The Measurement of Intellectual Influence
This paper examines the problem of measuring intellectual influence based on data on citations between scholarly publications. We follow an axiomatic approach and find that the properties of invariance to reference intensity, weak homogeneity, weak consistency, and invariance to splitting of journals characterize a unique ranking method. This method is different from those regularly used in economics and other social sciences. Copyright The Econometric Society 2004.
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Volume (Year): 72 (2004)
Issue (Month): 3 (05)
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- Stigler, George J & Stigler, Stephen M & Friedland, Claire, 1995. "The Journals of Economics," Journal of Political Economy, University of Chicago Press, vol. 103(2), pages 331-59, April.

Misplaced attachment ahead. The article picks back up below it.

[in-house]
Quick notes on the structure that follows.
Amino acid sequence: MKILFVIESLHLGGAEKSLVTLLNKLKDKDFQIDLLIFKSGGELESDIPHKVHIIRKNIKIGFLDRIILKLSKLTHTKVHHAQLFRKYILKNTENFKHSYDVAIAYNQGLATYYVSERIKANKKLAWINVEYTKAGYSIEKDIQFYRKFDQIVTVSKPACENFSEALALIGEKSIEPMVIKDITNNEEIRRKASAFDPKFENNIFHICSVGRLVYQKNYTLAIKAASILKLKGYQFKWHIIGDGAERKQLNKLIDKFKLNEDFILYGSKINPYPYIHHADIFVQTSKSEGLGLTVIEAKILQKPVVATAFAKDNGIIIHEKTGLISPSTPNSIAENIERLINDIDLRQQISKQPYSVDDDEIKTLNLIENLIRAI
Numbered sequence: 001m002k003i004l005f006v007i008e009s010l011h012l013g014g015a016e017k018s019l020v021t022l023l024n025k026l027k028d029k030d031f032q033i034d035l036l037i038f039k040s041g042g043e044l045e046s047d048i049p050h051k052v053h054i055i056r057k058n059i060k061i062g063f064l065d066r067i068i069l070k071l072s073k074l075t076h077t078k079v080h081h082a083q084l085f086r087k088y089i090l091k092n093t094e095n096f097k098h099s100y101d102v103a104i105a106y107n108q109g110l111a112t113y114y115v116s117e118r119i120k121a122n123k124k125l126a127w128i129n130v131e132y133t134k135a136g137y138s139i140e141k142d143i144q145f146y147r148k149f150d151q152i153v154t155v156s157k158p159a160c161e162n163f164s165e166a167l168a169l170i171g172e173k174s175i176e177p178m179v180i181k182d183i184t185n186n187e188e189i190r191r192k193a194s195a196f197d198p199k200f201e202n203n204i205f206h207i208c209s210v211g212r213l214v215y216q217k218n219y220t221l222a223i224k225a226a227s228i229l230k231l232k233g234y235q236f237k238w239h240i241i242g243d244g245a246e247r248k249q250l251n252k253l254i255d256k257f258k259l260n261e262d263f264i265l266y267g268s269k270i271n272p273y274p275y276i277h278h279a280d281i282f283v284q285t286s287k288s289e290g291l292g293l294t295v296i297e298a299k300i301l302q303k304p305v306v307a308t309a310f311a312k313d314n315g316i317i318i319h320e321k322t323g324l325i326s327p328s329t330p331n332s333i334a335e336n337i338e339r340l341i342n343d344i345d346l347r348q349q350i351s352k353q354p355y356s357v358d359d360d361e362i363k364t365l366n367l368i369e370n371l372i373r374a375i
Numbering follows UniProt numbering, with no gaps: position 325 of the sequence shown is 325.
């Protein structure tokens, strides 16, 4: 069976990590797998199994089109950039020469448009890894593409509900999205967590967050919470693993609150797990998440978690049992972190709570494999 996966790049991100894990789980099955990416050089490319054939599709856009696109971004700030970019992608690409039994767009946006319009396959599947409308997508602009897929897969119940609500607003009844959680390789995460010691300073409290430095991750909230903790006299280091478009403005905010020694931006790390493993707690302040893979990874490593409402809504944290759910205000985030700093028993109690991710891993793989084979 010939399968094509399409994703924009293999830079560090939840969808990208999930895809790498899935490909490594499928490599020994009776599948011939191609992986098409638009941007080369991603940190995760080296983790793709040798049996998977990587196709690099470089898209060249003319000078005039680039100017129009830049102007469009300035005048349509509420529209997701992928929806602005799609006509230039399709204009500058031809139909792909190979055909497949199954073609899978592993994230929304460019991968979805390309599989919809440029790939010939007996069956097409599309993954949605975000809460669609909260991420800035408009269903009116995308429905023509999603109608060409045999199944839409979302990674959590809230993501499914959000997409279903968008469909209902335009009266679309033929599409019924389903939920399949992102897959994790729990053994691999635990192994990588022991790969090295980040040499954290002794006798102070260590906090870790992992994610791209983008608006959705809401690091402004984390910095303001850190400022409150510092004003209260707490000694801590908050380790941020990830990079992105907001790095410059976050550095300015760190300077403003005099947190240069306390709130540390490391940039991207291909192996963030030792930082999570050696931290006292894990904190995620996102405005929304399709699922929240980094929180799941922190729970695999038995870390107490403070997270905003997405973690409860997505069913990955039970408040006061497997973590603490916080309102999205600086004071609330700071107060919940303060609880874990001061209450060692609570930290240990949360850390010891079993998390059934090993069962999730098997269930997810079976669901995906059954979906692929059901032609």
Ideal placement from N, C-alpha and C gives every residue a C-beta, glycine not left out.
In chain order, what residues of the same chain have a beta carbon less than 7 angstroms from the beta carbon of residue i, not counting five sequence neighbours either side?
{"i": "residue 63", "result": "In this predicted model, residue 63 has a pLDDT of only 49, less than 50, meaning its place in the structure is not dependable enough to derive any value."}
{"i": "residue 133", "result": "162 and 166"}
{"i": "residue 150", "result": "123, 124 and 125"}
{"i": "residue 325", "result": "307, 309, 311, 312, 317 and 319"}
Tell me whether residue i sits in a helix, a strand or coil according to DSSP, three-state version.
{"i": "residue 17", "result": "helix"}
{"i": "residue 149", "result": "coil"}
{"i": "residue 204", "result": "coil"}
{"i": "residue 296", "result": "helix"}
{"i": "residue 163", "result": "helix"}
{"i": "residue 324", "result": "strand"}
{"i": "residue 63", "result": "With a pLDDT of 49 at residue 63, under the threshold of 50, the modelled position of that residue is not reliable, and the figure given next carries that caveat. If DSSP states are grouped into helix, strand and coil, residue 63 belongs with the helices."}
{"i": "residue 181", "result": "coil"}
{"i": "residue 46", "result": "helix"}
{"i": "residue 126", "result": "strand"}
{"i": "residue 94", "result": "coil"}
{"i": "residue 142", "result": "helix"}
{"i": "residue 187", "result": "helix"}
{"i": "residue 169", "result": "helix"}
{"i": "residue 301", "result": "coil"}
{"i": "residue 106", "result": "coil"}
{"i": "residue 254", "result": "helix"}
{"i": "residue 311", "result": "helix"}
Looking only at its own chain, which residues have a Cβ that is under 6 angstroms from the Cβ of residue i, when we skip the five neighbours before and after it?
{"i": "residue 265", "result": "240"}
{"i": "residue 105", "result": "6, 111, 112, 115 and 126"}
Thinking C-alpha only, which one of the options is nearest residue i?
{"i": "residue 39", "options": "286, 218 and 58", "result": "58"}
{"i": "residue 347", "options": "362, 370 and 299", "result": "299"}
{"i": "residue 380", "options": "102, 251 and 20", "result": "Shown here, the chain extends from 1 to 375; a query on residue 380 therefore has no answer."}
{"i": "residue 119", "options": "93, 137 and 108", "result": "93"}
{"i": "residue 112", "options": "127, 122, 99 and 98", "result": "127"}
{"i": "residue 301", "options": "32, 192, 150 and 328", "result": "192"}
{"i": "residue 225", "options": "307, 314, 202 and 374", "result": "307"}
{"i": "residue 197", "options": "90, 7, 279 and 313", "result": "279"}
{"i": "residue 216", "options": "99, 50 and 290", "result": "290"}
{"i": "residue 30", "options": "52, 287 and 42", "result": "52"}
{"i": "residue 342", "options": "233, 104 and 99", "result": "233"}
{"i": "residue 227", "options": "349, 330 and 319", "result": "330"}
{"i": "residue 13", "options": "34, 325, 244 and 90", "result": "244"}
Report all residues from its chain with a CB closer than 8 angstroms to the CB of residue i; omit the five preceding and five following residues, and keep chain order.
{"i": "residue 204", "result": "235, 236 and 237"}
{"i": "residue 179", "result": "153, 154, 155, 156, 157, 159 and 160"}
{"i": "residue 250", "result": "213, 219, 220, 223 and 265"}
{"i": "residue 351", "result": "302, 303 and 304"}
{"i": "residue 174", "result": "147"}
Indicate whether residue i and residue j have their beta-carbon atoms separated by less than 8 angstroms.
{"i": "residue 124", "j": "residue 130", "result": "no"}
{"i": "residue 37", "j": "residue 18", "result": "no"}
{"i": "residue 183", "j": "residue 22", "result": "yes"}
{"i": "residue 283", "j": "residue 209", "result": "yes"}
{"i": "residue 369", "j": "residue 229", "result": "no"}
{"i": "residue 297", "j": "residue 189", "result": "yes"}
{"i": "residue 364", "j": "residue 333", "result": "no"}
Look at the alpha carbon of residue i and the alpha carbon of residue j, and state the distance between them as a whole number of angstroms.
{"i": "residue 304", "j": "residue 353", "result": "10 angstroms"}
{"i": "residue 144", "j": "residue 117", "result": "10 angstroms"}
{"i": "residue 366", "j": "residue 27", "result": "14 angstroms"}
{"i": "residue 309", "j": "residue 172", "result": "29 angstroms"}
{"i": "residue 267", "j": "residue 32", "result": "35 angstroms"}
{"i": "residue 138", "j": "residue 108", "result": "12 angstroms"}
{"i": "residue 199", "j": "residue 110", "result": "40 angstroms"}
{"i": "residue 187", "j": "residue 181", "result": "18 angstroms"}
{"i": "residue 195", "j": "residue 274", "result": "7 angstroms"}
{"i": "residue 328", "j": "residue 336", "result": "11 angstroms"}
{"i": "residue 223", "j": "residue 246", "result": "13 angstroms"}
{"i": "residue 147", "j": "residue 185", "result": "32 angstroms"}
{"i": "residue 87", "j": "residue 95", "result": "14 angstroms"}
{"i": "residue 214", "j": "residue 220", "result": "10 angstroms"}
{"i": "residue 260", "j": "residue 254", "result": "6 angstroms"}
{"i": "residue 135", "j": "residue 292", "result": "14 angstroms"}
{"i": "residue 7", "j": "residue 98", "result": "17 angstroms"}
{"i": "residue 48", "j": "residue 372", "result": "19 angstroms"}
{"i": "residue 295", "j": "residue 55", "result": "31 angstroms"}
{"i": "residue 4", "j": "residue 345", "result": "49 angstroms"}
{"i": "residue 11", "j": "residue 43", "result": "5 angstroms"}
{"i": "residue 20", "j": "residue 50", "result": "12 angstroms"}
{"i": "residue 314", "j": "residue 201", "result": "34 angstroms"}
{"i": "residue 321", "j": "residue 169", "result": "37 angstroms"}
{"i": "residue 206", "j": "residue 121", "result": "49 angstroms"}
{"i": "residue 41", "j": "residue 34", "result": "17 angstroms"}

- Glenn Ellison, 2000.
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NBER Working Papers
7804, National Bureau of Economic Research, Inc.
- Laband, David N & Piette, Michael J, 1994. "Favoritism versus Search for Good Papers: Empirical Evidence Regarding the Behavior of Journal Editors," Journal of Political Economy, University of Chicago Press, vol. 102(1), pages 194-203, February.
- David N. Laband & Robert D. Tollison, 2000. "Intellectual Collaboration," Journal of Political Economy, University of Chicago Press, vol. 108(3), pages 632-661, June.
- Sauer, Raymond D, 1988. "Estimates of the Returns to Quality and Coauthorship in Economic Academia," Journal of Political Economy, University of Chicago Press, vol. 96(4), pages 855-66, August.
- Bush, Winston C & Hamelman, Paul W & Staaf, Robert J, 1974. "A Quality Index for Economic Journals," The Review of Economics and Statistics, MIT Press, vol. 56(1), pages 123-25, February.
- Liebowitz, S J & Palmer, J P, 1984. "Assessing the Relative Impacts of Economic Journals," Journal of Economic Literature, American Economic Association, vol. 22(1), pages 77-88, March.
- AMIR, Rabah, 2002. "Impact-adjusted citations as a measure of journal quality," CORE Discussion Papers 2002074, Université catholique de Louvain, Center for Operations Research and Econometrics (CORE).
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